Over the course of the next few decades, Japanese intellectuals and officials debated a whole range of reforms. These included organized groups that advocated the use of various phonetic alphabets, as well as combinations of these alphabets with Chinese characters to transcribe colloquial speech. You can read all about this in Christopher Seeley’s book, A History of Writing in Japan or from the source of all truth, Wikipedia.
The significance of these reforms for me is not just in the ingenious solution that these thinkers devised. Students of the contemporary Japanese language rightfully complain about how awkward the script is to work with. But in fact, as a solution to problems presented by Tokogawa Era script, the current combination of Kana and Kanji is brilliant. The real issue for me lies in the inspiration that lead to these innovations.
In her history of the Genbunitichi (言文一致), that saw the transformation of classical Japanese into it modern form, Nanette Twine (1978 p. 355) discusses how Meiji Period scholars devised the systems that evolved into modern Japanese script.
The Genbunitchi movement after 1866 was in no sense the result of a natural evolutionary process; rather, it can be seen as stemming from one of the many catalytic ideas imported from the west about that time. Had Japan remained in isolation, traditional styles would doubtless have maintained their dominance and the colloquial would have remained confined to popular literature and occasional evangelical or instructive texts. Once the Genbunitchi movement and its attendant advantages had been observed in other countries, however, it became merely a matter of time before an attempt was made by progressive thinkers to introduce the movement into Japan.
Twine’s interpretation is that the modernization of Japanese writing was directly the result of Western influences. Thinkers and officials of the time modeled modern Japanese after European languages. The concept of an alphabetized writing system based in colloquial speech was derived directly from these Western models. Without their use as a model, there is little reason to believe Japanese reform would have moved in this direction. In fact, these changes were incredibly difficult to implement and stylistic restructuring of language use continued into the middle of the 20th century.
…and so what?
The problem of Western influence has come up before on my blog. As Michael Turton has pointed out, critics are extremely selective about the examples they choose to illustrate their case. No one ever points to the Meiji Restoration as an example of what Western influence can do, when, in fact, history offers few better examples. In the past, comments on my blog have raised the issue of imperialism in education. The claim is that ‘Western imperialism’ is shaping education through the new force of commercial education. My position on this is that imperialism is related to empire, and as such, this is incorrect usage. A more accurate term would be neocolonialism.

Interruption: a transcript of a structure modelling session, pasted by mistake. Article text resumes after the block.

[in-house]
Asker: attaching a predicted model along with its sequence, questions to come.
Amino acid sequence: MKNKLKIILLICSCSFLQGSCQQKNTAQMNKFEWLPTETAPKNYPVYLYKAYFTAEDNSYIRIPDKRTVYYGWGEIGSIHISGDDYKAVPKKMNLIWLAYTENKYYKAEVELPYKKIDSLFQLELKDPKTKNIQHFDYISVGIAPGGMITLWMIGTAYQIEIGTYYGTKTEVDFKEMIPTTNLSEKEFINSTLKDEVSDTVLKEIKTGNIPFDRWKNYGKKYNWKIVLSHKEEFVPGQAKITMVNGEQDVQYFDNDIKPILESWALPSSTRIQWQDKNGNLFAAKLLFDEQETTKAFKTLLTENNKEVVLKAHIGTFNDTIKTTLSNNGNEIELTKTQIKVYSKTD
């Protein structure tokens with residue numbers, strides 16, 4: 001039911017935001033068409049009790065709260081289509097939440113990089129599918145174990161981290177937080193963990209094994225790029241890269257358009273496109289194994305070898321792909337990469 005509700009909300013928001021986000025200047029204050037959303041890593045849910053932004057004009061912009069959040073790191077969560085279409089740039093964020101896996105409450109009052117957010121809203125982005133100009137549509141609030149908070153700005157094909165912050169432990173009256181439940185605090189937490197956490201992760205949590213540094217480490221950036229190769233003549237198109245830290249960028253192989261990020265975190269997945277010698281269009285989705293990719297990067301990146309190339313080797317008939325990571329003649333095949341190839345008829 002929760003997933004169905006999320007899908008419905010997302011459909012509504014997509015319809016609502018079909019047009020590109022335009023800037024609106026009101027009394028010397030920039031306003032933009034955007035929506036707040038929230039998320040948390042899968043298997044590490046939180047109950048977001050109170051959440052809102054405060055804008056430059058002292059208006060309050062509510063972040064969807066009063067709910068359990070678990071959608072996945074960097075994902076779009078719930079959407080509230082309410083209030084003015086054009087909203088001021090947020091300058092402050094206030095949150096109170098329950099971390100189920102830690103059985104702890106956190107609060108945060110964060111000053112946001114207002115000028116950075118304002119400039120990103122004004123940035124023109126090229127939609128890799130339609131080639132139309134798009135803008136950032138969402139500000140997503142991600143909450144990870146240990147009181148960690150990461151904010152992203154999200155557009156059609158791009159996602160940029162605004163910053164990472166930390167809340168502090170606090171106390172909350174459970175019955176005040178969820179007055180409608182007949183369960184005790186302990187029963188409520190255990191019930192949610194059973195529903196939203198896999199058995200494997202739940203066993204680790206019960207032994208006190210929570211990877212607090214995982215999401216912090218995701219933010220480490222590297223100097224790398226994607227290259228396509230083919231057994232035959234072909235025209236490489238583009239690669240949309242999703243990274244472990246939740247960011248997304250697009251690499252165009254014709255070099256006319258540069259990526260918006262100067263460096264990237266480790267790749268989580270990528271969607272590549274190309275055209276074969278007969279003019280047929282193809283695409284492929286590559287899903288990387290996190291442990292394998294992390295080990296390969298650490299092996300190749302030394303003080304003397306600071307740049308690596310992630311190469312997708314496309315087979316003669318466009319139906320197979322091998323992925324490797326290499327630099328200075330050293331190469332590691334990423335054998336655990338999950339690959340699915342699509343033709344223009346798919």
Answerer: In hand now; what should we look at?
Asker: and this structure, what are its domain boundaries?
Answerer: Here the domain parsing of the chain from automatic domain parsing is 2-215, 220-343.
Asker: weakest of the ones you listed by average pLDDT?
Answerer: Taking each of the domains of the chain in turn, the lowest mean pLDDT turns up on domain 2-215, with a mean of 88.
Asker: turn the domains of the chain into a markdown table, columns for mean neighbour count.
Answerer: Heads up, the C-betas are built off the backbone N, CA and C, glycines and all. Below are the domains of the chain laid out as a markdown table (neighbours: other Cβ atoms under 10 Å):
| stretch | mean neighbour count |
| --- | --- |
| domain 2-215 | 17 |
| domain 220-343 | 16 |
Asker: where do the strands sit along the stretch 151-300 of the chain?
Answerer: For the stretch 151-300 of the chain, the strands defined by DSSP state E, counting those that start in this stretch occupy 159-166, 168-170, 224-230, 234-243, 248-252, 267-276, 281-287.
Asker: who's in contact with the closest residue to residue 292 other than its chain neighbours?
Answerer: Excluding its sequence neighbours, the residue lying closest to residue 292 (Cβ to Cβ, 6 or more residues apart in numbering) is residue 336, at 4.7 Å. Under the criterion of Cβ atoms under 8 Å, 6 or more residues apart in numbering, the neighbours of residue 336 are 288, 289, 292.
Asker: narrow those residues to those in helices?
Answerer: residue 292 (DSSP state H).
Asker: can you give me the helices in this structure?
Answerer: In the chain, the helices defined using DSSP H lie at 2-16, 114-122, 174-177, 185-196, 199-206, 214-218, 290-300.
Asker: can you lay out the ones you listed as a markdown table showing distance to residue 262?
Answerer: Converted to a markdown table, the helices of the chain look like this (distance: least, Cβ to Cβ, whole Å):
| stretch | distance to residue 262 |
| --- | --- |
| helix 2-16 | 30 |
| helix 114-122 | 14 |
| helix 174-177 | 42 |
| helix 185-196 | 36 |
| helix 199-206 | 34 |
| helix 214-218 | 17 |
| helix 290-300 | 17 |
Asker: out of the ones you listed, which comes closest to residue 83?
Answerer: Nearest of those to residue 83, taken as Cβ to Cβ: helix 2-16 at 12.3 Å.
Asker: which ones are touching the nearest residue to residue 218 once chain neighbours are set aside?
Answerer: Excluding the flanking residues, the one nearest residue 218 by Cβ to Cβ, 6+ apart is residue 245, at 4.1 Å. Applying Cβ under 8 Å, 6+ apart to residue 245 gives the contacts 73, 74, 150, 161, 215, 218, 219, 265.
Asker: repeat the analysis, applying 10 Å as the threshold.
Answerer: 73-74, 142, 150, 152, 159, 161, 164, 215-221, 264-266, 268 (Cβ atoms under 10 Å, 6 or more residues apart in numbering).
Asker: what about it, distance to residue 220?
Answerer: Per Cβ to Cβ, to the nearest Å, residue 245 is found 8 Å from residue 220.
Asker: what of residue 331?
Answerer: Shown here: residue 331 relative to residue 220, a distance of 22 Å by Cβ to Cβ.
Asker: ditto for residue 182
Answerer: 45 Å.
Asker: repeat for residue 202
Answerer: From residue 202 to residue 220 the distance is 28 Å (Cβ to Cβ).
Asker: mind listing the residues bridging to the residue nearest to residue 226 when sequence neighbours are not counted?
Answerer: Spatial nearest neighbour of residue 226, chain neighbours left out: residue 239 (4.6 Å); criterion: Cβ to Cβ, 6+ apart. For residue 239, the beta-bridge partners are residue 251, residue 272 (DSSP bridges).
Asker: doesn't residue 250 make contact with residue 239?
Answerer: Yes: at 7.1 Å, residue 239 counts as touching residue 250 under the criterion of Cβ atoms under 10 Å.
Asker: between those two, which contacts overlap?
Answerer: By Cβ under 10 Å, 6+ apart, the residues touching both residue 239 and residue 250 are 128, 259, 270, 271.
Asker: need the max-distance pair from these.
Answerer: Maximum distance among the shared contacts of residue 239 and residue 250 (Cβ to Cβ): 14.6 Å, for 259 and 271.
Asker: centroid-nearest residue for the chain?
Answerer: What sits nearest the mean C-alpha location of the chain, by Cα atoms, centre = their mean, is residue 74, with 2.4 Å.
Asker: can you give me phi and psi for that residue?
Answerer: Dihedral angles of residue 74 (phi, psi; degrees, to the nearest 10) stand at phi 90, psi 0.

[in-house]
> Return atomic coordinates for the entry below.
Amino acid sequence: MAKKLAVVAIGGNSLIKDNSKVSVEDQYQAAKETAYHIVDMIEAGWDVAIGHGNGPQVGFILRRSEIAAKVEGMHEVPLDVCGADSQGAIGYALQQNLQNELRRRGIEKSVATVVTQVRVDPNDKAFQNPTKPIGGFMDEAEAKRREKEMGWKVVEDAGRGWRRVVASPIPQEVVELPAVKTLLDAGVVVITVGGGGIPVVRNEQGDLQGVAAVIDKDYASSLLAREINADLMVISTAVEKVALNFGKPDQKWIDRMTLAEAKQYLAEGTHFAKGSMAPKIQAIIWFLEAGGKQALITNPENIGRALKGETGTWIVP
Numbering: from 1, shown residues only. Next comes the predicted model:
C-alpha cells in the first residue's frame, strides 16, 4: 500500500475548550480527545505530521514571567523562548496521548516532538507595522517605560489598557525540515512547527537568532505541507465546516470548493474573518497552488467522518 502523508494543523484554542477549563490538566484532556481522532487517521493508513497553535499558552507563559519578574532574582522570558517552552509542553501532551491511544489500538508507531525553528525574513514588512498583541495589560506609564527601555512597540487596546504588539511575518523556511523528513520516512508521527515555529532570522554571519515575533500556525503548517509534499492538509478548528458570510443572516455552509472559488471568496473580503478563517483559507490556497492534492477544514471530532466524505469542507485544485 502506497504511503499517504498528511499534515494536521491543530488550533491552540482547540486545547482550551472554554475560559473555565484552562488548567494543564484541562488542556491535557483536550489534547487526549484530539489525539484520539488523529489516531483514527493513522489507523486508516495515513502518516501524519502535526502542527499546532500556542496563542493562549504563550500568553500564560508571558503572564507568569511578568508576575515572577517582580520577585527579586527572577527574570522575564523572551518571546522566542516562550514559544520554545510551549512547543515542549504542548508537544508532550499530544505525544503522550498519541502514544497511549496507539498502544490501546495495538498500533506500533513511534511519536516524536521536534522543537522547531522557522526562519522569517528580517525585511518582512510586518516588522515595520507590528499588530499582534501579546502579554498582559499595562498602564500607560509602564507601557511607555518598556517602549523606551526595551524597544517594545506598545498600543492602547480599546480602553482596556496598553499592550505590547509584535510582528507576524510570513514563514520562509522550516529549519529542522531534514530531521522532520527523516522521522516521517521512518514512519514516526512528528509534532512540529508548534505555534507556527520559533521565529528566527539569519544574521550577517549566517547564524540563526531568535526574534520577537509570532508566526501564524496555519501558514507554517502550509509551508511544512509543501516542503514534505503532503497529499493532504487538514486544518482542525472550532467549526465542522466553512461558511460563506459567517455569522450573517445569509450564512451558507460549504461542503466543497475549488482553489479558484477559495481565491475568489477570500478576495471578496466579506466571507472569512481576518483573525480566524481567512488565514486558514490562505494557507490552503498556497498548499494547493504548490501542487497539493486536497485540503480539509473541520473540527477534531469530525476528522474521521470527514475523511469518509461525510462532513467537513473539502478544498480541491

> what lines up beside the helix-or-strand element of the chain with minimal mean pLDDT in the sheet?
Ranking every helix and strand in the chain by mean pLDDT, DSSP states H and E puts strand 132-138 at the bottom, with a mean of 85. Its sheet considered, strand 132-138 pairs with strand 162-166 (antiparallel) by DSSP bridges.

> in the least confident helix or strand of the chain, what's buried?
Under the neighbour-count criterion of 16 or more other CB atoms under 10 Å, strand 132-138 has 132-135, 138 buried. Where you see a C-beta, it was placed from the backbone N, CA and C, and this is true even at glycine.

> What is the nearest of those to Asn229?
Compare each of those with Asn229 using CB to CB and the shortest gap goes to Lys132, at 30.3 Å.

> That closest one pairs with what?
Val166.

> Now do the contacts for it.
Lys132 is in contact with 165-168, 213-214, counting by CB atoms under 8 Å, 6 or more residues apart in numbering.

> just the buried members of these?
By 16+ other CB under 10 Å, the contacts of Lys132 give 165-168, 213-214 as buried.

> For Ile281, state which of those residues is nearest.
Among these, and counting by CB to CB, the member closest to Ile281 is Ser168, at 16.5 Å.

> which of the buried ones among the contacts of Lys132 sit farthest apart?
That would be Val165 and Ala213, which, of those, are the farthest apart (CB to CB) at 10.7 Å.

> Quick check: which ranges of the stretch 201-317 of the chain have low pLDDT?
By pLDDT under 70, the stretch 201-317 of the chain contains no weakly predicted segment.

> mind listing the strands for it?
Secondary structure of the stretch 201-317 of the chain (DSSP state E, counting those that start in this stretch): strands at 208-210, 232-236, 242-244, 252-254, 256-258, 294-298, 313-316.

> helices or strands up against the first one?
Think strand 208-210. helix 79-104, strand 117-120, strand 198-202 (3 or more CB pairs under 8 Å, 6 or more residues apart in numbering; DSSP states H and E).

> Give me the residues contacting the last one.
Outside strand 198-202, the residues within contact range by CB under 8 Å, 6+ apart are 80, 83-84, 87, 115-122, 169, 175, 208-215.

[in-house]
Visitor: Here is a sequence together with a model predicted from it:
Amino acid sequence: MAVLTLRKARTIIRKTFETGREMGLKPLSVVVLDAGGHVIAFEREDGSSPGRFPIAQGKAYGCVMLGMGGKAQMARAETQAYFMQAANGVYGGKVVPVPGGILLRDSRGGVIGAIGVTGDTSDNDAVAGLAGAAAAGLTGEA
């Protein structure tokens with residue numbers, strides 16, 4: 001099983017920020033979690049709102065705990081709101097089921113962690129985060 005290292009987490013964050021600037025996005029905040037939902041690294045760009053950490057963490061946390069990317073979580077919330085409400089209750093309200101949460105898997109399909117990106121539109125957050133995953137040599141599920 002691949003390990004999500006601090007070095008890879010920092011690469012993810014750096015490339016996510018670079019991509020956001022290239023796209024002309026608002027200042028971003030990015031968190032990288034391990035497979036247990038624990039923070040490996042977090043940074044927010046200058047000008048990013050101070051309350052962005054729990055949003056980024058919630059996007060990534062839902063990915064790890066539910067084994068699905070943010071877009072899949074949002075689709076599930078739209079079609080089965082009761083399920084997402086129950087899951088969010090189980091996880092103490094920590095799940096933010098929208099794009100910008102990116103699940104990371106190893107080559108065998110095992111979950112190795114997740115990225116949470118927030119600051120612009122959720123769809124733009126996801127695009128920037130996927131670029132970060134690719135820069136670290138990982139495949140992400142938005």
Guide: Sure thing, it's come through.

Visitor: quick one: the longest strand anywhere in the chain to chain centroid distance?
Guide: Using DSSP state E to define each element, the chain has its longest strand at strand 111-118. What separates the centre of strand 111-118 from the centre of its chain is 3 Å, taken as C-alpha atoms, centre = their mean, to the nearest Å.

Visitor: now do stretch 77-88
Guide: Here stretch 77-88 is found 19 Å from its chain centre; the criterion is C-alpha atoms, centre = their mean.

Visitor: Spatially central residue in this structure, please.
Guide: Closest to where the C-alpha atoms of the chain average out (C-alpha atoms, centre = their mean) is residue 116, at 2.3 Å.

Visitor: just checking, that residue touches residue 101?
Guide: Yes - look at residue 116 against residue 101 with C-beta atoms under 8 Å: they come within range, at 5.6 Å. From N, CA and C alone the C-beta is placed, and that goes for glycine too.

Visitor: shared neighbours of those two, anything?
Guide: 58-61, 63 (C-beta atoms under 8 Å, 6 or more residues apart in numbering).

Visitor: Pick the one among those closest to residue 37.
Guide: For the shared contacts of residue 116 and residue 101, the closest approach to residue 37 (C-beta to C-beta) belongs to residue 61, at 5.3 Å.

The concept of globalization is only poorly understood. The Japanese only reluctantly accepted their place as modern citizens in a world power. There was staunch resistance from displaced feudal lords who were yet to find their place in the ruling class. Initially, in a chapter of the Meiji that is generally forgotten, there was open war with the forces that opposed Restoration. At the time, it was not at all clear that opening up to change was the correct choice. There are probably few alive today who doubt this was the right choice, even for the families of the displaced samurai who were slaughtered. But even late into the 19th century, cultural elites continued to resist script and rhetorical reform.
I have argued that if Taiwan is to survive the changes of this century we need to adopt educational principles developed by people with a very different history and culture. The failure to do this will leave us at the mercy of economic architects with much more power to shape globalization. While I am not sure we are making the right choices, it’s clear that such choices have to be made – and that is why I applaud the efforts of the Second Global Higher Education Forum (GHEF2009). But if there is anything that history has taught us, not making these choices is wrong.